Allen & Unwin
“I used to be a boozy housewife. Now I’m not. This is my book” – that’s the subtitle/intro. And before Lotta Dann was known (“boozy housewife” of TV political reporter, Corin Dann) she was just Mrs D – anonymous. She of the blog that’s now this book. This book is her story around her own private struggle with alcohol.
I like to think that any story that explains addiction, breaks down the psychological troubles around it and has a happy-story of escape (a breaking down of the addiction) is a good one. A necessary one. We should arm ourselves with all sorts of information to help understand ourselves and/or the people we know and love that wrestle with such troubles. I still think that. I guess.
It might seem churlish to criticise this book then. But here goes…
I can’t quite believe that Lotta Dann’s “struggle” is quite real. That’s my opinion on her opinion, that doesn’t mean she hasn’t achieved her own clarity – and bonus moonlighting career. But Mrs D Is Going Without reads like some First World Problems/Stuff White People Like (But Shouldn’t Like TOO Much parody. Only, apparently, it is not.
That doesn’t mean I’m not a little disgusted with my own thoughts that a bottle of wine a night isn’t really a problem. But I can’t help but be cynical around this. I’m thrilled to think that someone has addressed their own problem and been very public with it – deciding too to look at the idea of functioning alcoholism; that you don’t have to be down and out and broke and homeless to have a problem. But the gushings in this book scream privilege and safety. Here was a person that didn’t like who she had become for quaffing back a bottle or half a bottle a night. But this is also a person in bed reading at 10pm.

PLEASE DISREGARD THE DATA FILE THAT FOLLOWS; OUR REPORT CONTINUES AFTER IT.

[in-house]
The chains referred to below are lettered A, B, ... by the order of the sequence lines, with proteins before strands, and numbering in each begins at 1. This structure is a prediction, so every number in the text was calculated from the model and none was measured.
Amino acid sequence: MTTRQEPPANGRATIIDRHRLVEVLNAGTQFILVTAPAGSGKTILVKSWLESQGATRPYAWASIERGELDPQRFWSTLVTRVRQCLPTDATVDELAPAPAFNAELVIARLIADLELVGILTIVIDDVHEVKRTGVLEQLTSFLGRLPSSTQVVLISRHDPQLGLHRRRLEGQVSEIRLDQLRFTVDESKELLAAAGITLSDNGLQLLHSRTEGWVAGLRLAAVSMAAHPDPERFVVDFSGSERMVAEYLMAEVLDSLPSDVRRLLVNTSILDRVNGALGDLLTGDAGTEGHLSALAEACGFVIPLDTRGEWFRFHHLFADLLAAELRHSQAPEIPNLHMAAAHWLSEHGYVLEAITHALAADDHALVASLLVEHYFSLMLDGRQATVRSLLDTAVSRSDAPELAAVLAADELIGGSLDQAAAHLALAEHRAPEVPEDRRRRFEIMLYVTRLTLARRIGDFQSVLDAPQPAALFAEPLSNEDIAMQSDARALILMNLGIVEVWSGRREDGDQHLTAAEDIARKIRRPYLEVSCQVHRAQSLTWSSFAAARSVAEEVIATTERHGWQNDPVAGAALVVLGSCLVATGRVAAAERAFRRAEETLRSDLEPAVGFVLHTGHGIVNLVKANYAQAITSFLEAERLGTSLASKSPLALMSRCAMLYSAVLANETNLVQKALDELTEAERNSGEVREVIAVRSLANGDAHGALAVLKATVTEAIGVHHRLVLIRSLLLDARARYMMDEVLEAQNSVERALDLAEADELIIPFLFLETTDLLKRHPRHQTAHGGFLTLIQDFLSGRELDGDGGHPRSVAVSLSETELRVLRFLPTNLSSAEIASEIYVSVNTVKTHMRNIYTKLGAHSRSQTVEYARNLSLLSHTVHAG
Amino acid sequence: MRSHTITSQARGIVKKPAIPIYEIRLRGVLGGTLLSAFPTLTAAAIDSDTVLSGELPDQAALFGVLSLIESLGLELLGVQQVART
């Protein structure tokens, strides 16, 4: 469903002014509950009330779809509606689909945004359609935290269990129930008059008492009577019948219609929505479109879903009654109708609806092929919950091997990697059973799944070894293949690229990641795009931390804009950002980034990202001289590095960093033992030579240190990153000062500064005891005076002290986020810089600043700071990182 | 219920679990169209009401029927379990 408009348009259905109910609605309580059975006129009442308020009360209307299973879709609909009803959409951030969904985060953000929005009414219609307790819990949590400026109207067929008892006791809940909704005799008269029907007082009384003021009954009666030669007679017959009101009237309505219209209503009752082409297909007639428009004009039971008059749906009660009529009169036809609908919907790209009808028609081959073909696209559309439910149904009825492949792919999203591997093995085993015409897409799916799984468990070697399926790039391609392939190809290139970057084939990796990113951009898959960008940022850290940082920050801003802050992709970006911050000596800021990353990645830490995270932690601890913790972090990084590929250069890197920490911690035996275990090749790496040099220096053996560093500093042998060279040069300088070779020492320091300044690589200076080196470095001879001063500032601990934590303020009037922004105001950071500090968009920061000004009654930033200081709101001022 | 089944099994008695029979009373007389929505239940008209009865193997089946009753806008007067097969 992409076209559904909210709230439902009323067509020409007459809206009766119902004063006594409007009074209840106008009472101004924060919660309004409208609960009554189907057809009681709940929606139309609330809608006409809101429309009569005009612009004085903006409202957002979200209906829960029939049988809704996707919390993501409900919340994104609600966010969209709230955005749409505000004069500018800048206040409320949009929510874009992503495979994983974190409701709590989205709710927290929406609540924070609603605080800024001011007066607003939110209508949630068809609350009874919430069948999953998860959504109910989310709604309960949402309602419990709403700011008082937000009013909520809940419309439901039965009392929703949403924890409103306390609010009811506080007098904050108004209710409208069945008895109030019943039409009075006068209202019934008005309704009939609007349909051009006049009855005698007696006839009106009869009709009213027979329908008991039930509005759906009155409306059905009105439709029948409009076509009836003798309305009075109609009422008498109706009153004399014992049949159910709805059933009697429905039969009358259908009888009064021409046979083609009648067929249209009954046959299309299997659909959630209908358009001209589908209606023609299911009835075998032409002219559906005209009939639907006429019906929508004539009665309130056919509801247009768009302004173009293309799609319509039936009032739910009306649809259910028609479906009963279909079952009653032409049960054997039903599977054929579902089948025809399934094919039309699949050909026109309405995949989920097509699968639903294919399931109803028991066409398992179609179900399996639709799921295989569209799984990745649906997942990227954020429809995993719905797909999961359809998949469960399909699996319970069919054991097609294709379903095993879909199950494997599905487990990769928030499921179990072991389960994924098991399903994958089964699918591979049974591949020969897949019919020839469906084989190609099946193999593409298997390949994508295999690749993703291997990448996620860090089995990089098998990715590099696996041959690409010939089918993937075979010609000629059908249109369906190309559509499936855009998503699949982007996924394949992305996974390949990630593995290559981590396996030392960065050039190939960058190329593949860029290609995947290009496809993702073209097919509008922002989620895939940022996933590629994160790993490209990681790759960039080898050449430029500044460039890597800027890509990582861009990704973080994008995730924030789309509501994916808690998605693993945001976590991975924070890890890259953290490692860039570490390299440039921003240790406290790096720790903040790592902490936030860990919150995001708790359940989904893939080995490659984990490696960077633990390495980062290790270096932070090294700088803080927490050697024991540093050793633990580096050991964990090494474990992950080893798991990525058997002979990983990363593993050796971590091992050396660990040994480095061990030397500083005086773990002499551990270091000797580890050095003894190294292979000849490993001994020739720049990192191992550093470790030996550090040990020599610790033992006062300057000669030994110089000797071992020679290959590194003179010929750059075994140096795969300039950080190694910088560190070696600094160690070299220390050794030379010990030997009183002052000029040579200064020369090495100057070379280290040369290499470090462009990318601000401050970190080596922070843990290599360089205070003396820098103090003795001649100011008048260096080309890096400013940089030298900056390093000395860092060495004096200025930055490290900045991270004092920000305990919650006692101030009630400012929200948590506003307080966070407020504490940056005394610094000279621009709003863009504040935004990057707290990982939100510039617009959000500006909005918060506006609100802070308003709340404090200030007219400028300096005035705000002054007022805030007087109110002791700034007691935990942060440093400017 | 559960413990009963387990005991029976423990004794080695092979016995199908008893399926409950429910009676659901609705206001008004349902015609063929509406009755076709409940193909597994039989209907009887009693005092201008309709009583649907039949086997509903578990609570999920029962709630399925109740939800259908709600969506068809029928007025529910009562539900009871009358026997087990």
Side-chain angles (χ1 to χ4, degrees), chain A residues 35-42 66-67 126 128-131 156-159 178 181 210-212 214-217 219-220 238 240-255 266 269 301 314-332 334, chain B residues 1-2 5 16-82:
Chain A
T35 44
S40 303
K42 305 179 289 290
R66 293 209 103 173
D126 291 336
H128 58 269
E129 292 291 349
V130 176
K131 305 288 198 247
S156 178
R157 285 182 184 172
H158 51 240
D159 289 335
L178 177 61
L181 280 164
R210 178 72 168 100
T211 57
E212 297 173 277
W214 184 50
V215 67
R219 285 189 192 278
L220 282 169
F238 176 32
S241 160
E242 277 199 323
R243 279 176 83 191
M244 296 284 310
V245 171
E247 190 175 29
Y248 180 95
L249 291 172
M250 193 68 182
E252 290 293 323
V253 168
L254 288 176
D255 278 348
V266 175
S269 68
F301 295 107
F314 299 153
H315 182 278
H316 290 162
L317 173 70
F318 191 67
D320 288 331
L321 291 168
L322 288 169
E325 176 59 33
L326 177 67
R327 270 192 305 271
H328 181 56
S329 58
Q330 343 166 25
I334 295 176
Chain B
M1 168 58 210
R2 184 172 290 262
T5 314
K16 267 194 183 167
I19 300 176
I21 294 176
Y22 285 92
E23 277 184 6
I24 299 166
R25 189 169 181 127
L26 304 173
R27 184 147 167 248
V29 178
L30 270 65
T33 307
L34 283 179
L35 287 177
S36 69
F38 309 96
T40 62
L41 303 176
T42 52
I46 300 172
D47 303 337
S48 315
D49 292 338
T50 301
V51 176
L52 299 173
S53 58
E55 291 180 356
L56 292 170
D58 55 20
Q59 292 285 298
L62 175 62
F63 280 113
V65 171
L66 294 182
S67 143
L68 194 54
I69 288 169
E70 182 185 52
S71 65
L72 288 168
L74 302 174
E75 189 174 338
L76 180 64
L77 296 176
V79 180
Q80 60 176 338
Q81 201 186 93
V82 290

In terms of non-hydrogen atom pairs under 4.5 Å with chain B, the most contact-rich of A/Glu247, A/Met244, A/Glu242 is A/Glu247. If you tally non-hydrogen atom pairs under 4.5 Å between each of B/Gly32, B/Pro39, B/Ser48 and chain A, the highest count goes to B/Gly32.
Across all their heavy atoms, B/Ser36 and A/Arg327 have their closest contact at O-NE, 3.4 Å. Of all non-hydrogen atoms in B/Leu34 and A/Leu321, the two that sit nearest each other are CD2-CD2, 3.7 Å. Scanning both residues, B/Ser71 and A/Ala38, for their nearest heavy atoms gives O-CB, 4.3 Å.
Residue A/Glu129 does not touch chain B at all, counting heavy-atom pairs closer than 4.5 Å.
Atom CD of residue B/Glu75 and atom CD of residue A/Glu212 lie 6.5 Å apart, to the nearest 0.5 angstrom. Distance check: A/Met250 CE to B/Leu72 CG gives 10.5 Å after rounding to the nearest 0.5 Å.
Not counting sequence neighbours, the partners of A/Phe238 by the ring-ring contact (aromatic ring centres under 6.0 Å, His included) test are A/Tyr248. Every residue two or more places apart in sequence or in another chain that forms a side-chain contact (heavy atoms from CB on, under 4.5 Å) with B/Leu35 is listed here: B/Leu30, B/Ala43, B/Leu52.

So the 5pm jitters arrived most days and the glass of wine warded off any thoughts of wanting to smack the kids. The bottle was finished later, over dinner. A lot of parents will know that version of life. Some might even crave it. There’s no correct way to pull rank here and suggest the author has trumped up the charges of alcoholism against herself. But it still made for an unconvincing book for me. The cover alone screams chick-lit-meets-self-help-goes-out-shopping-stops-for-a-lovely-glass-of-white-wine-soda.
And the book is filled with self-congratulatory passages – messages from other addicts include bon mots around Dann’s own writing, which is needlessly narcissistic, given the book’s message is supposed to be around people supporting one another with struggles, middle-class or otherwise. Not back-pats for newfound hobbies.
I sound like a cunt. Because I can’t possibly know Dann’s struggle with the drink.
But I found this book a bit false. A 1200-word light, whimsical essay turned into 60,000-word book with back-pats galore.
But if it helps anyone else at all realise and address a problem then it’s done its job.
And maybe I’ll always be a jerk. There’s clearly no book that can help me.